Assuming current Bank of England inflation at 2.3 per cent, according to latest figures, and interest rate forecasts, money deposited in the average high street savings account today will shrink in real terms after both one and two years.

In fact, some high street bank cash savings accounts are offering just 0.01 per cent in savings – less even than the current Bank Base Rate of 0.25 per cent.

Even in its slowest year yet, 2015, the sector grew by over 80 per cent according to one report (Nesta, Pushing Boundaries: the 2015 UK alternative finance industry report).

P2P lending is likely to grow even faster as more and more P2P lenders receive their full FCA authorisation – heralding the arrival of the ‘Innovative Finance ISA’ (IFISA), which will almost certainly add to the momentum the sector is experiencing.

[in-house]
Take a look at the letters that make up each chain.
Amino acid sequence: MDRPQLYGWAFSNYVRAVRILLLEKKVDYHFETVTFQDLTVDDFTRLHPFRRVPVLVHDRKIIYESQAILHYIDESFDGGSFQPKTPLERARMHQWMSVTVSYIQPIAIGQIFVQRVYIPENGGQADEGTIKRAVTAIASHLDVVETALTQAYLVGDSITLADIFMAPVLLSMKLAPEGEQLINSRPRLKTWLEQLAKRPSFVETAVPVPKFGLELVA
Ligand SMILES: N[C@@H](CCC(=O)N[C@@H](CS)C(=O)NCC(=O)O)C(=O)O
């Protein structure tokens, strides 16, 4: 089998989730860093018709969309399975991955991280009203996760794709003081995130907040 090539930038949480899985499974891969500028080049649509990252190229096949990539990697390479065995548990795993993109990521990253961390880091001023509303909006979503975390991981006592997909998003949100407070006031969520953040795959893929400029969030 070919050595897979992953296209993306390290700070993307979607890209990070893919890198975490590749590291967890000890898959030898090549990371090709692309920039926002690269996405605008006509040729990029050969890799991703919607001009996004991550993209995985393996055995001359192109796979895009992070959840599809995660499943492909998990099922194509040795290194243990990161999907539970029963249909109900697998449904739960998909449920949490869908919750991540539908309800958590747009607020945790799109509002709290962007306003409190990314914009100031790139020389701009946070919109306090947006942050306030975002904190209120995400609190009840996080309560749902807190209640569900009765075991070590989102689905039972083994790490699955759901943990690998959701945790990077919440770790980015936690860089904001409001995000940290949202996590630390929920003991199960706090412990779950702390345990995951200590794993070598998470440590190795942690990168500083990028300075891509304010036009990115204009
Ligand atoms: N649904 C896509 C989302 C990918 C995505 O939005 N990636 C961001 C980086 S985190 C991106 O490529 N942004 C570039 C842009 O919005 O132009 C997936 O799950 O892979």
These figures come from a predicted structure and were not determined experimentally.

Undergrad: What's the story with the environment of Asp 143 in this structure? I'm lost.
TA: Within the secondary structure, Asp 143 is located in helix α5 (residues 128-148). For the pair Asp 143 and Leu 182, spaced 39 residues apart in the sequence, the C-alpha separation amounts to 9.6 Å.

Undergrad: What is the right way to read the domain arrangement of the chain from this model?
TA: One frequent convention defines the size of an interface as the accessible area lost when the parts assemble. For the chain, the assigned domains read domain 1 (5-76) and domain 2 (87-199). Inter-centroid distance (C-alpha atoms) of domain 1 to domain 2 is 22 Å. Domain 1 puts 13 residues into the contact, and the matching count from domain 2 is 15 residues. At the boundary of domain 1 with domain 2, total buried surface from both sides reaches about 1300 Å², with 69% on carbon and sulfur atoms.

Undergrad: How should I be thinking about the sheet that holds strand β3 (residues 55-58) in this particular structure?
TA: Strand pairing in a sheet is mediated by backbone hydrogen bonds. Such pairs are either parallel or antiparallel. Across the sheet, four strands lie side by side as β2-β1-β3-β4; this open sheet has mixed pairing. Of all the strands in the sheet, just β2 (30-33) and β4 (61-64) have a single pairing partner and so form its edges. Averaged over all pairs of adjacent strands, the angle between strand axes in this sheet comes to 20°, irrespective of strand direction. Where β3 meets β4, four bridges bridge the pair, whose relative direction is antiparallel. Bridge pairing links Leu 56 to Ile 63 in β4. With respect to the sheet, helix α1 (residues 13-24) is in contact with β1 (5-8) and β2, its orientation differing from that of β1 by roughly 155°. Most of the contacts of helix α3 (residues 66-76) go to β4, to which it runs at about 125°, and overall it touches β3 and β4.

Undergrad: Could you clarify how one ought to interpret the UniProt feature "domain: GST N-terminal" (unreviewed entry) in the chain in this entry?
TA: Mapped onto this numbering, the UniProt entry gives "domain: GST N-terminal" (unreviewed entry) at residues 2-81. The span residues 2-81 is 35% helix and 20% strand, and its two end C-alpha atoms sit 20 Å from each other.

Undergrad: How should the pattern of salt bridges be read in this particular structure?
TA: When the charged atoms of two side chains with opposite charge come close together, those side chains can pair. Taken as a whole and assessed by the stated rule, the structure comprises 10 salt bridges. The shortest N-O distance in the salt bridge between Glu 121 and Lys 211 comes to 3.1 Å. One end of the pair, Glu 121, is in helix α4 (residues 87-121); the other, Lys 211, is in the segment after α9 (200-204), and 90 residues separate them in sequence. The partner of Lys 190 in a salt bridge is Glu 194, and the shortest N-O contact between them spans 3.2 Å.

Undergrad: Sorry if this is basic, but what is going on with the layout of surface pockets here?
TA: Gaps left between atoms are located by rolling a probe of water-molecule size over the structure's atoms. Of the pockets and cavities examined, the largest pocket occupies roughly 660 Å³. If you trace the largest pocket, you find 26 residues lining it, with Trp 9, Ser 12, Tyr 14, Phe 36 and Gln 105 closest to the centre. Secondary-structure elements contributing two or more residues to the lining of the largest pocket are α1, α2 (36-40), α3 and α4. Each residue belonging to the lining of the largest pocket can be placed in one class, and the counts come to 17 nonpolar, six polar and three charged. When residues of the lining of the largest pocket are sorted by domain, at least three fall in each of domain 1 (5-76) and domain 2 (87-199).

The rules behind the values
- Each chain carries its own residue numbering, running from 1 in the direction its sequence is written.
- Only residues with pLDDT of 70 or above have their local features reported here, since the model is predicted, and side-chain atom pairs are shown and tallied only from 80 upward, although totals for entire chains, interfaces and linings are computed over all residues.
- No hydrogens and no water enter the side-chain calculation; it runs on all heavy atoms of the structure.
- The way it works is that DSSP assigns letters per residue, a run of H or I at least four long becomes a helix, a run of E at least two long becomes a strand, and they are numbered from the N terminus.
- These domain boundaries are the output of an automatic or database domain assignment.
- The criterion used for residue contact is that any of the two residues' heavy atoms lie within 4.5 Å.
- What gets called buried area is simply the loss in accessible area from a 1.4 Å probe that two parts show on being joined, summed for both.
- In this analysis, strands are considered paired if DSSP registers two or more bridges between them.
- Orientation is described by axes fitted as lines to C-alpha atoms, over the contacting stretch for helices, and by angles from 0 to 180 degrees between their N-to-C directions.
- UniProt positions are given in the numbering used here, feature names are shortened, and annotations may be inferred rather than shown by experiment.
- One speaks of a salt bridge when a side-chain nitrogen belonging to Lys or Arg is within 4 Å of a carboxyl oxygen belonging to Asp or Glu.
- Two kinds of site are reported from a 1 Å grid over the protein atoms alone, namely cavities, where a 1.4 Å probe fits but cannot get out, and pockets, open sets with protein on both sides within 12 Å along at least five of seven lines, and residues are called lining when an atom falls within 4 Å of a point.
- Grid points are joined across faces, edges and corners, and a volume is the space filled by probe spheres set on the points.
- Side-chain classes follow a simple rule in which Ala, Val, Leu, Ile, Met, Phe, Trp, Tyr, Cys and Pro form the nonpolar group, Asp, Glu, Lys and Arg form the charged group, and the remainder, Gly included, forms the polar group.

European Union

Why Stockholm is creating more unicorns than London per capita (elite business magazine), Rated: AAA

The result of the Swedish government’s tech drive of the 1990s is that while Silicon Valley may be the undisputed champion of the world when it comes to producing unicorns, Stockholm comes a close second. According to SparkLabs, the seed-stage fund, the Californian city has produced 10.7 unicorns per million inhabitants, the Nordic city produced three and Tel Aviv, which came third, birthed 1.2. So it’s no wonder the European Digital City Index ranked the metropolis as Europe’s second best city after London when it comes to supporting its digital entrepreneurs. “In Stockholm, we’re really freaking good,” says Stark.

But even though access to a solid infrastructure has proven vital in fostering this thriving entrepreneurial community, it isn’t the only factor. Equally important for the success of Sweden’s startups is the fact that that the nation has a population of just under ten million, which means new enterprises have to be thinking about international expansion from the get-go.

‘Shadow banks’ step into the spotlight (Financial Times), Rated: A